By John Richardson
CHINA’S apparent demand for polyethylene (PE), which is a measure of local production plus imports, rose by 4% in January-September this year compared with the same periods in 2010 and 2011, according to Global Trade Information Services (see the above chart).
This is an improvement on the 1% growth seen in the January-August period and, thus, could be interpreted as a sign that the market is in recovery.
But the fact that this is apparent demand is important. As we discussed last month, August import volumes surged on traders speculating that China’s political problems would be resolved by Q2 next year.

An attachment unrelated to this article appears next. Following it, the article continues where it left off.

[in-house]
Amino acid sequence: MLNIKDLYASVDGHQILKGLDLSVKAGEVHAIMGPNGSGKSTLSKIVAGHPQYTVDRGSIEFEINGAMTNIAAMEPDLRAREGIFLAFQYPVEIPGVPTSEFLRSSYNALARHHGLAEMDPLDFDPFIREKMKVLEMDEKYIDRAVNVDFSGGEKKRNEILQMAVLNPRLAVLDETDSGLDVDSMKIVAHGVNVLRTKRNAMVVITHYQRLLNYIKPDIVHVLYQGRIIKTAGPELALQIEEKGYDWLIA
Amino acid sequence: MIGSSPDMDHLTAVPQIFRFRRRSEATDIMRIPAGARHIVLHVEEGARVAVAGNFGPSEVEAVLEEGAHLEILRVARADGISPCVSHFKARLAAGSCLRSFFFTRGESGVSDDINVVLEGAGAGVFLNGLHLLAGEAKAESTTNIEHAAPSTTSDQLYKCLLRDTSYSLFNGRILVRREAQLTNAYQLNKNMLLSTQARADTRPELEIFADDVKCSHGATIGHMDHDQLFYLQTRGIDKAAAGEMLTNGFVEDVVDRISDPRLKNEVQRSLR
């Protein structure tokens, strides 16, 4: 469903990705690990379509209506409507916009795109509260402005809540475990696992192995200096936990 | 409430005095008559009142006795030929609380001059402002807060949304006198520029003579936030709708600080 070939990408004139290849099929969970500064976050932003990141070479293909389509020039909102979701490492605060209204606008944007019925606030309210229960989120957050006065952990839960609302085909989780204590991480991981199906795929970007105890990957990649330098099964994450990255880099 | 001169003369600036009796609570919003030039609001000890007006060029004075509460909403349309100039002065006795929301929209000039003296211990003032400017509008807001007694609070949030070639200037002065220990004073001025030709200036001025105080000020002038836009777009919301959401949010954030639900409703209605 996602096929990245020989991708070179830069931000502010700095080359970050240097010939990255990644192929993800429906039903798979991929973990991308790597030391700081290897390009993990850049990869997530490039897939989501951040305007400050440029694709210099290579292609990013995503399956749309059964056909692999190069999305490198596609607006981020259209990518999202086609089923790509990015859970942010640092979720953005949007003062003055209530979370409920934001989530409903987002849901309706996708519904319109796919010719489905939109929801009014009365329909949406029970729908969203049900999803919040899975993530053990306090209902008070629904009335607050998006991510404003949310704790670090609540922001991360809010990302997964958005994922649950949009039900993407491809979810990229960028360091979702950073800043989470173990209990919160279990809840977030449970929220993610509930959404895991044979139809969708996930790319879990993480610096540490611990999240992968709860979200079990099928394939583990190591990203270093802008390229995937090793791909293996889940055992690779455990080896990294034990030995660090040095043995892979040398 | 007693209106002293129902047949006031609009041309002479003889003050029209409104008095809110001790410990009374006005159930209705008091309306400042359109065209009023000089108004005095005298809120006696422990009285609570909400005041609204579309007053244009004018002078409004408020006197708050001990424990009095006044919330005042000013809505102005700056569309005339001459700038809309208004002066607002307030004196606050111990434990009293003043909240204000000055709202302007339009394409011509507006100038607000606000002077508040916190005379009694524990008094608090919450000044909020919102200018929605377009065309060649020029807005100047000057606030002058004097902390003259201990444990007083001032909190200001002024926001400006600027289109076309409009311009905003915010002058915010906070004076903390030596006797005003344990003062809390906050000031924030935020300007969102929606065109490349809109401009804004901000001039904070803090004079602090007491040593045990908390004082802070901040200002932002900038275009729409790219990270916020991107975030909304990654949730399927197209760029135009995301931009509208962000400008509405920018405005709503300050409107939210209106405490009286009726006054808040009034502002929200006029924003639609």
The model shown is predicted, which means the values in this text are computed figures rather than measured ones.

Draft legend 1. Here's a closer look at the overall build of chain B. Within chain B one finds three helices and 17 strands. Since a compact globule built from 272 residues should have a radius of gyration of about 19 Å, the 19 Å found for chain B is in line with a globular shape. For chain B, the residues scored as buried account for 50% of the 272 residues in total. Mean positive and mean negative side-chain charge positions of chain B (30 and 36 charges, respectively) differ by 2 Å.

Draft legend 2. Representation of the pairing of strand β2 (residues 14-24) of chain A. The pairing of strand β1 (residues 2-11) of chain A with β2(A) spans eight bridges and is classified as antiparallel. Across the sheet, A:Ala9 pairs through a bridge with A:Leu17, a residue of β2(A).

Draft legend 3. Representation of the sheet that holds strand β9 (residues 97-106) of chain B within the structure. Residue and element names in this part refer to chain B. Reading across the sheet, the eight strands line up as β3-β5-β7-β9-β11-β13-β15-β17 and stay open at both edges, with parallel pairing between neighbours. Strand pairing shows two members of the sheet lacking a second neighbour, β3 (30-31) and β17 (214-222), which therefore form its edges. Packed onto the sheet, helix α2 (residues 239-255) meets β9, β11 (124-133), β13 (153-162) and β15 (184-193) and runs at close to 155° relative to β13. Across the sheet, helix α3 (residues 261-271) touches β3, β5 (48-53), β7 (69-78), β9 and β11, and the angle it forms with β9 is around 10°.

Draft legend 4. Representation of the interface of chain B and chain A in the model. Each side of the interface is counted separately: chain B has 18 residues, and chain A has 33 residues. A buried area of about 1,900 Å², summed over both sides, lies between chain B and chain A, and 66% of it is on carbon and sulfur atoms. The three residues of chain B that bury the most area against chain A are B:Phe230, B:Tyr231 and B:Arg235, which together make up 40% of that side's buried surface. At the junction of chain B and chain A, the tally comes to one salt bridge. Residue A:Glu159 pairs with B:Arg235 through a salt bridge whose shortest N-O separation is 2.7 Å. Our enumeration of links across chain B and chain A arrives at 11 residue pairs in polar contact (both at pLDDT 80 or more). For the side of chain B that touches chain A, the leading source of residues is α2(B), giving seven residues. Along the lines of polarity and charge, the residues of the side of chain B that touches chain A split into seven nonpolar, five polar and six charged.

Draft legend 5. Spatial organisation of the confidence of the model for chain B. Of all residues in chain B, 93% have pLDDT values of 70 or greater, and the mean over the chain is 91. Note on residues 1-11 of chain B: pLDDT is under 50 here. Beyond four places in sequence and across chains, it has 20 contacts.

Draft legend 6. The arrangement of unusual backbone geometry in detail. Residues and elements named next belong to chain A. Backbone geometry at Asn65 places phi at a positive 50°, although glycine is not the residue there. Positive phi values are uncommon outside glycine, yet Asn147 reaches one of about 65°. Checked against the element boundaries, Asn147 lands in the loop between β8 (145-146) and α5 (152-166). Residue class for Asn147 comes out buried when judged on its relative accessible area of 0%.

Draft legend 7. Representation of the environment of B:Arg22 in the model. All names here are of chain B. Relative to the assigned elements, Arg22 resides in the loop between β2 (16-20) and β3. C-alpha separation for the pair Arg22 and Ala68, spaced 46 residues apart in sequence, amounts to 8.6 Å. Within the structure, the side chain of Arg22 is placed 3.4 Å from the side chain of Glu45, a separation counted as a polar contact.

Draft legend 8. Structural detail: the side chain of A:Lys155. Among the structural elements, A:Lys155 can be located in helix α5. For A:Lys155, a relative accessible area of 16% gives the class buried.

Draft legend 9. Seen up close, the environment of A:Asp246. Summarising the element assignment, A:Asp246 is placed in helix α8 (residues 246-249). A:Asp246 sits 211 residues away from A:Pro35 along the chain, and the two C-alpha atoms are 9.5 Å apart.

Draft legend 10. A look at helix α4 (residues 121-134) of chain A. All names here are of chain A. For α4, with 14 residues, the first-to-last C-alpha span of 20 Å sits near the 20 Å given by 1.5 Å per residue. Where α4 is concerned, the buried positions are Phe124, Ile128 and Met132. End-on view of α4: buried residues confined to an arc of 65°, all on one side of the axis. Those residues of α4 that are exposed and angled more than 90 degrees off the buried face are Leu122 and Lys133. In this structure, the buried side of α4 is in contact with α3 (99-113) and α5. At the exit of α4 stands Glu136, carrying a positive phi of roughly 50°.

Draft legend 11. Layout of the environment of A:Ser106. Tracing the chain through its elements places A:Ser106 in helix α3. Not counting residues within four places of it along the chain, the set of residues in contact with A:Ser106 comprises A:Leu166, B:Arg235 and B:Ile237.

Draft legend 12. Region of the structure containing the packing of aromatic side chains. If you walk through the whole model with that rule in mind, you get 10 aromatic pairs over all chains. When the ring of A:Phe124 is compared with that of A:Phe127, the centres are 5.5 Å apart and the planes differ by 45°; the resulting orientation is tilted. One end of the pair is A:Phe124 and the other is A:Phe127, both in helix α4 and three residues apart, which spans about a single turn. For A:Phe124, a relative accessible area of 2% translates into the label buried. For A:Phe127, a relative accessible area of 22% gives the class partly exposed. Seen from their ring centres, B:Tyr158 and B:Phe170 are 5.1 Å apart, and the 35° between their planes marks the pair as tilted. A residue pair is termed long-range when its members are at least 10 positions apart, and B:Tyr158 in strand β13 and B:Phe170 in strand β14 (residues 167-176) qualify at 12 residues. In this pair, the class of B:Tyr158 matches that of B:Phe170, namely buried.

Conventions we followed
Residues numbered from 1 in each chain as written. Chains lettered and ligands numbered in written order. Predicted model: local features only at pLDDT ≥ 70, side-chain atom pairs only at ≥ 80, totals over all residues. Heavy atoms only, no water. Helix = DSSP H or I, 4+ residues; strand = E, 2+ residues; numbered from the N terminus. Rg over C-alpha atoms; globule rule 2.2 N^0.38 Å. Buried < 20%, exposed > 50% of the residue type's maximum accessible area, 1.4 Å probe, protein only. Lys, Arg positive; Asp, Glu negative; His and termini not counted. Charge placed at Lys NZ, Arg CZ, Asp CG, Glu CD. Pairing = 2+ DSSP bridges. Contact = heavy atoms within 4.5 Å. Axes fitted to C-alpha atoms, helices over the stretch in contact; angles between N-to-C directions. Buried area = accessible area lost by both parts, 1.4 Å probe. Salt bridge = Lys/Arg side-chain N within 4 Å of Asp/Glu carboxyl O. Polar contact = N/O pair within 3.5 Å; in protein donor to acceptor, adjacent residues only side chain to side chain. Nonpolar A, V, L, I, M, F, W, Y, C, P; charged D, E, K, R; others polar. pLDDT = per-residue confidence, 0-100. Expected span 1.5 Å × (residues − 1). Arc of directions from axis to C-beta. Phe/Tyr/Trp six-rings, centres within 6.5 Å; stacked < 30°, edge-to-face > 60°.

We worry that China’s political problems will not be resolved by the second quarter and, indeed, possibly not for several years. China is also entering an extended period of lower growth for strucural reasons, we believe. The traders might, therefore, end up getting their fingers burnt.
Meanwhile, PE pricing continues to decline on a depressed demand outlook, according to ICIS. Asian pricing was assessed at $10-30/tonne lower for the week ending 26 October.
Pricing may further decline on a more bearish short-term outlook for crude oil as a result of Hurricane Sandy. The reason is that Hurricane Sandy has affected a big oil-consuming region of the US, as against the huge damage to production caused by Hurricane Katrina.